di Maurizio Sarà*, Antonio Sigismondi** & Jacopo Angelini**
*Dipartimento Biologia Animale, Università di Palermo – email@example.com;
**A.L.T.U.R.A (Associazione per la Tutela degli Uccelli Rapaci e dei loro Ambienti) –
The Red kite was a very common species in peninsular Italy, Sardinia and Sicily until the middle of XX century (Iapichino & Massa, 1989; Cortone et al., 1994; Brichetti & Fracasso, 2003). Decline began in Tuscany and Latium, with the extinction of regional populations (except for a small nucleus in the Tolfa Mountains) and rapidly spread over the rest of the range in the late ’60s and ’70s. Today the species is listed as endangered in the National Red List (Bulgarini et al., 1998) and the concern about its critical status motivated a recent national conference (Allavena et al., 2007). In occasion of the Montbéliard Symposium we asked the network of ornithologists more involved in Raptor studies and conservation: i) to refresh the estimation of breeding pairs and population trend in the last 15 years; ii) to assess the current regional status according to the IUCN Red List categories; iii) to weigh up the main threats working in the last 15 years, and to forecast regional trends for the next 5 years.
Here we report a review of such enquiry. Italy holds about the 1.5% of the European breeding population, to date: 314 – 426 pairs (Tab. 1). The entire population seems to be stable when compared to previous estimates, but is dispersed in a quite large range along the southern Apennines – the Latium (Tolfa) and Calabria nuclei being unconnected from the bulk of breeding area – and is still present in Sardinia and Sicily. Red kite is mainly concentrated in Basilicata, Abruzzi and Molise (82% of national population) while the other populations are very little and range on average 8-12 pairs.
The expert-based opinions assessed the menaces for the species, giving a standardized threat value, as ranked in Fig. 1. The outbreak of bovine spongiform encephalopathy in 2001 led to sanitary legislation (Regulation ECC/1774/2002) that greatly restricted the use of animal by-products not intended for human consumption. The effects of this policy included removal and destruction of carcasses, as well as closure of rubbish dumps and of artificial feeding points, thus provoking food shortage for Red kite and generally for all European carrion-eater species (Donazar et al., 2009). In addition, the Common Agricultural Policy (CAP), which as been often regarded as the principal culprit for the loss of biodiversity in Europe (Bota et al. 2005), is negatively affecting Red kite in Italy by habitat loss and modification. These latter include the replacement of natural steppe and extensive cereal farmland with intensively-managed agricultural land, urbanisation, construction of roads, infrastructures, etc. Land abandonment is of special concern also, as it is often the other side of the coin of agriculture intensification. The huge increase of wind farms in hilly and remote areas, poisoning, illegal shooting and hunting are other most cited causes of Red kite disappearance (Fig. 1). The threats have been mentioned to be more or less regularly equivalent in every region, although they seem to impact more onto the Calabria and Apulia populations. Actually, the strongest decline was recorded in Sicily where the population passed from 120-150 pairs in the early ‘70s to 3-5 in 2009, and is on the verge of local extinction.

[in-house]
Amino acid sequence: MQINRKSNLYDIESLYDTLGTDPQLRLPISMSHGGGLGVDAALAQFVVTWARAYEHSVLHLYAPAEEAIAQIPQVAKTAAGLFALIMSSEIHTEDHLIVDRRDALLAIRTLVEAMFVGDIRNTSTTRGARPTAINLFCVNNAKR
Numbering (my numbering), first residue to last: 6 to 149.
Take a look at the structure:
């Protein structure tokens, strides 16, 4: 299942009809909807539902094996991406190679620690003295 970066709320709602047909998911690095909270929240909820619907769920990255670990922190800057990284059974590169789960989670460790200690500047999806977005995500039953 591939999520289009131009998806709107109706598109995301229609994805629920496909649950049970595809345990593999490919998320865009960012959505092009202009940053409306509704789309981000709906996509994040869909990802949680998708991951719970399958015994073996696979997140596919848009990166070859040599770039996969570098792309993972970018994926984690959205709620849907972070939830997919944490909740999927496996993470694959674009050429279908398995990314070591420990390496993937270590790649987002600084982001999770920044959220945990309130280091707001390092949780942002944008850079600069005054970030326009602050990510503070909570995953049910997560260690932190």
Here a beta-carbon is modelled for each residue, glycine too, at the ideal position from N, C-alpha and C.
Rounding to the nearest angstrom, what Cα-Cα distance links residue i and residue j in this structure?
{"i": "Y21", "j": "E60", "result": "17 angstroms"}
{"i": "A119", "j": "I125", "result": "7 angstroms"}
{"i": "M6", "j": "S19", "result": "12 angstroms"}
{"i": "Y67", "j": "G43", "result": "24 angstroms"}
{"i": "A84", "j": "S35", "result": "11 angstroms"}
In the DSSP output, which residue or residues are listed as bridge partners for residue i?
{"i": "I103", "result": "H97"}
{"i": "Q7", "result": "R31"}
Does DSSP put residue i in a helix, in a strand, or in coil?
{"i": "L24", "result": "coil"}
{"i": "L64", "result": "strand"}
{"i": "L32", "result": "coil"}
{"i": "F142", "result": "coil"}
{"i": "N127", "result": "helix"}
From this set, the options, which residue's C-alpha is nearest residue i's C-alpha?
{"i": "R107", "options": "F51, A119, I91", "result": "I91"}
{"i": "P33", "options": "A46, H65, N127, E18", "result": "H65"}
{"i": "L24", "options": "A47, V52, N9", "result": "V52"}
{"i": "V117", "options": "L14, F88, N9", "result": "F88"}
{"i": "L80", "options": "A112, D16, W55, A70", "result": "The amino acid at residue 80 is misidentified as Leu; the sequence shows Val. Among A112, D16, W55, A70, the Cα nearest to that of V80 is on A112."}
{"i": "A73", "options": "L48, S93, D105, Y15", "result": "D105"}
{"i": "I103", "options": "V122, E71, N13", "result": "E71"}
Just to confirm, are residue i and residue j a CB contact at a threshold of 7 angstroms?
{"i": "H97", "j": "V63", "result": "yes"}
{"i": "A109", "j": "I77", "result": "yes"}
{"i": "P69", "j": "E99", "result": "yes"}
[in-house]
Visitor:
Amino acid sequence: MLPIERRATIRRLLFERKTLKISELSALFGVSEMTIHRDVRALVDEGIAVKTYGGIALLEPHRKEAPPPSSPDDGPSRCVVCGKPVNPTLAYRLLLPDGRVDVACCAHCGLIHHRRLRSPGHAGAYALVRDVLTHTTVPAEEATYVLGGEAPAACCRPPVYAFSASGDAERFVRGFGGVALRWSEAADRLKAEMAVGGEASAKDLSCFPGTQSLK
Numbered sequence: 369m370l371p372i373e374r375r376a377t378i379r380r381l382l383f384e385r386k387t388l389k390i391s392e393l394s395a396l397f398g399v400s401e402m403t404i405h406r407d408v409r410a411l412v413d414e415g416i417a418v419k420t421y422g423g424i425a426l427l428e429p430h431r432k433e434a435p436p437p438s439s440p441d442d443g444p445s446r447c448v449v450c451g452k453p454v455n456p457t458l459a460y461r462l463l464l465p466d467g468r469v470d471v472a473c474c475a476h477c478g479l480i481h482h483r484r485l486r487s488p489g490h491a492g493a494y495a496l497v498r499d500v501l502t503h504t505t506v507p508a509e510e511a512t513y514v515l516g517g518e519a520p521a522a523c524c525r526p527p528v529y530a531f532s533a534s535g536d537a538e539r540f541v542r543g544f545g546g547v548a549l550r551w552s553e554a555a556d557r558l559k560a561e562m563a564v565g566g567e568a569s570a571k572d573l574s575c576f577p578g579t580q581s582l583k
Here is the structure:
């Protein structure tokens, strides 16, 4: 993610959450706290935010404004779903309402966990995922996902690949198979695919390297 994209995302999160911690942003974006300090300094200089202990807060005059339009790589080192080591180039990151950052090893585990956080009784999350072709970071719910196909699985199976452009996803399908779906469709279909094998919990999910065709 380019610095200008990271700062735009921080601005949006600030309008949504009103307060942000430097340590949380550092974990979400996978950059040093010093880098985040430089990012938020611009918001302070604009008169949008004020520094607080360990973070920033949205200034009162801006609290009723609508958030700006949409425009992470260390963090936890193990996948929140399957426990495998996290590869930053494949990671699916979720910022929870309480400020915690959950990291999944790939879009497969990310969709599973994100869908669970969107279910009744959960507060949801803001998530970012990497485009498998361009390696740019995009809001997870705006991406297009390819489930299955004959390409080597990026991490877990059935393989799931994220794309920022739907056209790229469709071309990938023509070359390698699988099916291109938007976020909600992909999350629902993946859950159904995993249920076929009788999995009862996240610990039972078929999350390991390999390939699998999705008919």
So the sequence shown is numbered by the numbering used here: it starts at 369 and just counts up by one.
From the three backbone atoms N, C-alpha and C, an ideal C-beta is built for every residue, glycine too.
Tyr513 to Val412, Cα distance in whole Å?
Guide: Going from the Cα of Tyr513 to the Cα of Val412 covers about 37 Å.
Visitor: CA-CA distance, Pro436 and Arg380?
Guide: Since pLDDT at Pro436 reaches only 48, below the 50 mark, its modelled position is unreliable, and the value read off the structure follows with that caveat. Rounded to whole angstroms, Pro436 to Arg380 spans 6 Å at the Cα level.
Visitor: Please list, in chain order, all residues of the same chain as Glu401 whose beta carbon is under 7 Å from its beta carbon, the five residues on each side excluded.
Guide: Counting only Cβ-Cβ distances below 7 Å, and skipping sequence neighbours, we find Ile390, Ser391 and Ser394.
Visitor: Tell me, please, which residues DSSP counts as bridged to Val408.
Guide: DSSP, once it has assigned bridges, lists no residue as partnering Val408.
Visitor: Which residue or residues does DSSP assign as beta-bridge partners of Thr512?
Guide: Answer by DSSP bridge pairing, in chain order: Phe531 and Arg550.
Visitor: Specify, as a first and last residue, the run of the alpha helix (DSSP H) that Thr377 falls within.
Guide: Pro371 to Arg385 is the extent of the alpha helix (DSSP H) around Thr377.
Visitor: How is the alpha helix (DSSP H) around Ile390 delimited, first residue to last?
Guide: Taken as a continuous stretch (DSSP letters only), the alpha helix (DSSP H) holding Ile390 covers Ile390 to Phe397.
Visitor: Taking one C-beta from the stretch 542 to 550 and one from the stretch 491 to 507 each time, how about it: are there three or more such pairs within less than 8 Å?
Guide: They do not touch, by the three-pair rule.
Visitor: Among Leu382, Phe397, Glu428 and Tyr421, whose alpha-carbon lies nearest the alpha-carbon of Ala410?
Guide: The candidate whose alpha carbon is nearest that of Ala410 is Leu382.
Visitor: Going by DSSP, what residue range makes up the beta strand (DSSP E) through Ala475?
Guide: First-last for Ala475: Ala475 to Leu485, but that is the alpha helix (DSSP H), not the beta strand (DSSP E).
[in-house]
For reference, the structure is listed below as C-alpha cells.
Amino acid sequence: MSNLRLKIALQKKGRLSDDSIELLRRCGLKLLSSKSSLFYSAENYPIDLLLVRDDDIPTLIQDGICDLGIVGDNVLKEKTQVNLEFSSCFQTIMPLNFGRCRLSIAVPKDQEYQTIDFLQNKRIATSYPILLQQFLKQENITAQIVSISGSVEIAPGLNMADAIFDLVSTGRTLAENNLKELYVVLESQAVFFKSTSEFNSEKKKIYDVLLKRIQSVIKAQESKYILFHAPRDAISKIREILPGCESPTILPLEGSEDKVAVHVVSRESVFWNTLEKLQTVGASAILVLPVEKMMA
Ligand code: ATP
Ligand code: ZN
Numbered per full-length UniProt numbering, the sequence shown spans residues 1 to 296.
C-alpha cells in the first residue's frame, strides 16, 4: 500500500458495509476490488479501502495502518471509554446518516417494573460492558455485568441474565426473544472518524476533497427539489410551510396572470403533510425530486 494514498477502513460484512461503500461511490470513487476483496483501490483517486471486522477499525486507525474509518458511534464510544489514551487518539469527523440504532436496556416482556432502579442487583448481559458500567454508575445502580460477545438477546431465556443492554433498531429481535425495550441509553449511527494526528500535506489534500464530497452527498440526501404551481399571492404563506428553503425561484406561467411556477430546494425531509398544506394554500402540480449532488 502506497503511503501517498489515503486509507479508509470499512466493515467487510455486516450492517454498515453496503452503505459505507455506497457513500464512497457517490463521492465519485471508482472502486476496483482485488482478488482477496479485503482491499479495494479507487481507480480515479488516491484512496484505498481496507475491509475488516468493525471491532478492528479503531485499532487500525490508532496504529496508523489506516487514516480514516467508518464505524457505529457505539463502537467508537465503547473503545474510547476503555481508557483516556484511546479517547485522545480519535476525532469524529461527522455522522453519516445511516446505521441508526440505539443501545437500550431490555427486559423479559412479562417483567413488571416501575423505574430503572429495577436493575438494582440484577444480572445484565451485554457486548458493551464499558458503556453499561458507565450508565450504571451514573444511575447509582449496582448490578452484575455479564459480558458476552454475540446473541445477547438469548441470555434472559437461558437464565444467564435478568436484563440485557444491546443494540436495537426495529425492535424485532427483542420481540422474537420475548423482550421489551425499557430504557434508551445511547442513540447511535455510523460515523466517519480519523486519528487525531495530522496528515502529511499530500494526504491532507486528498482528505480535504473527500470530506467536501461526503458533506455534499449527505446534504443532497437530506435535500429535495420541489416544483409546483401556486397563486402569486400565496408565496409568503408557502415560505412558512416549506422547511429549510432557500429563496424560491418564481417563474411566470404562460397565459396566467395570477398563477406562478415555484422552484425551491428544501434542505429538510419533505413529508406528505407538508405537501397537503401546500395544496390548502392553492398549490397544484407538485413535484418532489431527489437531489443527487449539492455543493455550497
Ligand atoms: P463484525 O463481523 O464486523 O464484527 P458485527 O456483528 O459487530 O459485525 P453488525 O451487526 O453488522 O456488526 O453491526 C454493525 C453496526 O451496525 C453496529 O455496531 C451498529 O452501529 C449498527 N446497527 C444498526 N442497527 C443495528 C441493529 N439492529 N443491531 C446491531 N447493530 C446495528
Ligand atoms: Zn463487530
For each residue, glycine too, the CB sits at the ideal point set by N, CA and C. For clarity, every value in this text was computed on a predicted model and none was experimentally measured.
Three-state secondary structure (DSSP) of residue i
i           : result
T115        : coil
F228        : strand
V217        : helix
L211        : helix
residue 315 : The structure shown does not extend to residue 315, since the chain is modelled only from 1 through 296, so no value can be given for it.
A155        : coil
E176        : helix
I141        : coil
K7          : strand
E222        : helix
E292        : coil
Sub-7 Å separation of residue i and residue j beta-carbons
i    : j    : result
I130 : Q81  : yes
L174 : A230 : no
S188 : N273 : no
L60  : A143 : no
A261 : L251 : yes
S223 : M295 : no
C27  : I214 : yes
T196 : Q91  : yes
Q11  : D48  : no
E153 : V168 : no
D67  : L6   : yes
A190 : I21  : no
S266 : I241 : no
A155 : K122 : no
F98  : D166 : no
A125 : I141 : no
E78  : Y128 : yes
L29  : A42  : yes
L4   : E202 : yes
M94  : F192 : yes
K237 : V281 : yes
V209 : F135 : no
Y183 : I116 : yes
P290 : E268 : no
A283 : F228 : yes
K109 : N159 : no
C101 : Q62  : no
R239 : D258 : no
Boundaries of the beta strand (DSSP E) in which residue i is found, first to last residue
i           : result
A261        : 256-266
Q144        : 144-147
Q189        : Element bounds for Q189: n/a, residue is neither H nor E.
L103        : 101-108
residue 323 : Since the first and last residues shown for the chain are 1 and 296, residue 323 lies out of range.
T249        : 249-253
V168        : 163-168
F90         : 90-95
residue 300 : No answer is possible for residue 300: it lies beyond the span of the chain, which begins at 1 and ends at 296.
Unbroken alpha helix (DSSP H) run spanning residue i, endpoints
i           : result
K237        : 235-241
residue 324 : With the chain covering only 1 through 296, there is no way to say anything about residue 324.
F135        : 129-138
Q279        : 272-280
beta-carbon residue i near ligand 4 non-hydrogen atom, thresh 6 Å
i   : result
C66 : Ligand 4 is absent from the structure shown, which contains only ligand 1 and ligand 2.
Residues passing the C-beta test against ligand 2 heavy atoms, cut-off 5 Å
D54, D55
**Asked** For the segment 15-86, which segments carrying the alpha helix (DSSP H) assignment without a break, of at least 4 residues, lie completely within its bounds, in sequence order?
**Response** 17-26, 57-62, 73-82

European member states’ obligations and efforts to conserve biodiversity and species in the Annex I of the Birds 79/409/CEE Directive are often contradicted by other policies such as the Energy, Sanitary and the CAP; although amended by a number of dispositions (EEC/322/2003, EEC 830/2005) regulating the use of animal by-products as food for carrion-eater birds, or the agri-environment schemes (EEC/12571999), cross-compliance and modulation (EEC/12591999) implemented on behalf of the Agenda 2000. Within this framework, removal of local threats and ordinary protection of the remaining viable Red kite nuclei are often very difficult to pursue as they are hampered by contrasting local policies and economic interests. Nonetheless, a number of promising concrete actions have been placed and are going on, such as the reintroduction projects in Tuscany (see Ceccolini & Cenerini, this proceeding book) and in the Marche (Angelini et al., 2001) now reinforced by a LIFE+. In Sicily, the Nebrodi Regional Park has financed a preliminary report and is raising funds for a restocking project. Despite the existence of these local projects, we urge a better-integrated national package of practical interventions supporting Red kite and other carrion-eaters.
Acknowledgements. This contribute was made possible by the joint effort of several people: M. Scotti (Marche); M. Pellegrini (Abruzzi); S. Allavena, A. Minganti, M. Panella, A. Zocchi (Latium); L. De Lisio (Molise); M. Fraissinet, D. Mastronardi (Campania); M. Bux, M. Caldarella, N. Cillo, E. Cripezzi, M. Laterza, M. Marrese, V. Rizzi (Apulia and Basilicata); M. Salerno, E. Muscianese, S. Urso, G. Cortone, M. Di Vittorio (Calabria); M. Grussu, V. Asuni, M. Medda and Gruppo Ornitologico Sardo (Sardinia).
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Table 1 – Breeding pair estimates and status of Red kite in Italy. Protection of the Central Apennines population (Abruzzi, Molise and Basilicata) is vital for the species’ permanence in Italy.
* possible breeding out of the reintroduction area; ** the increase is apparent and comes from poor estimates in 1993.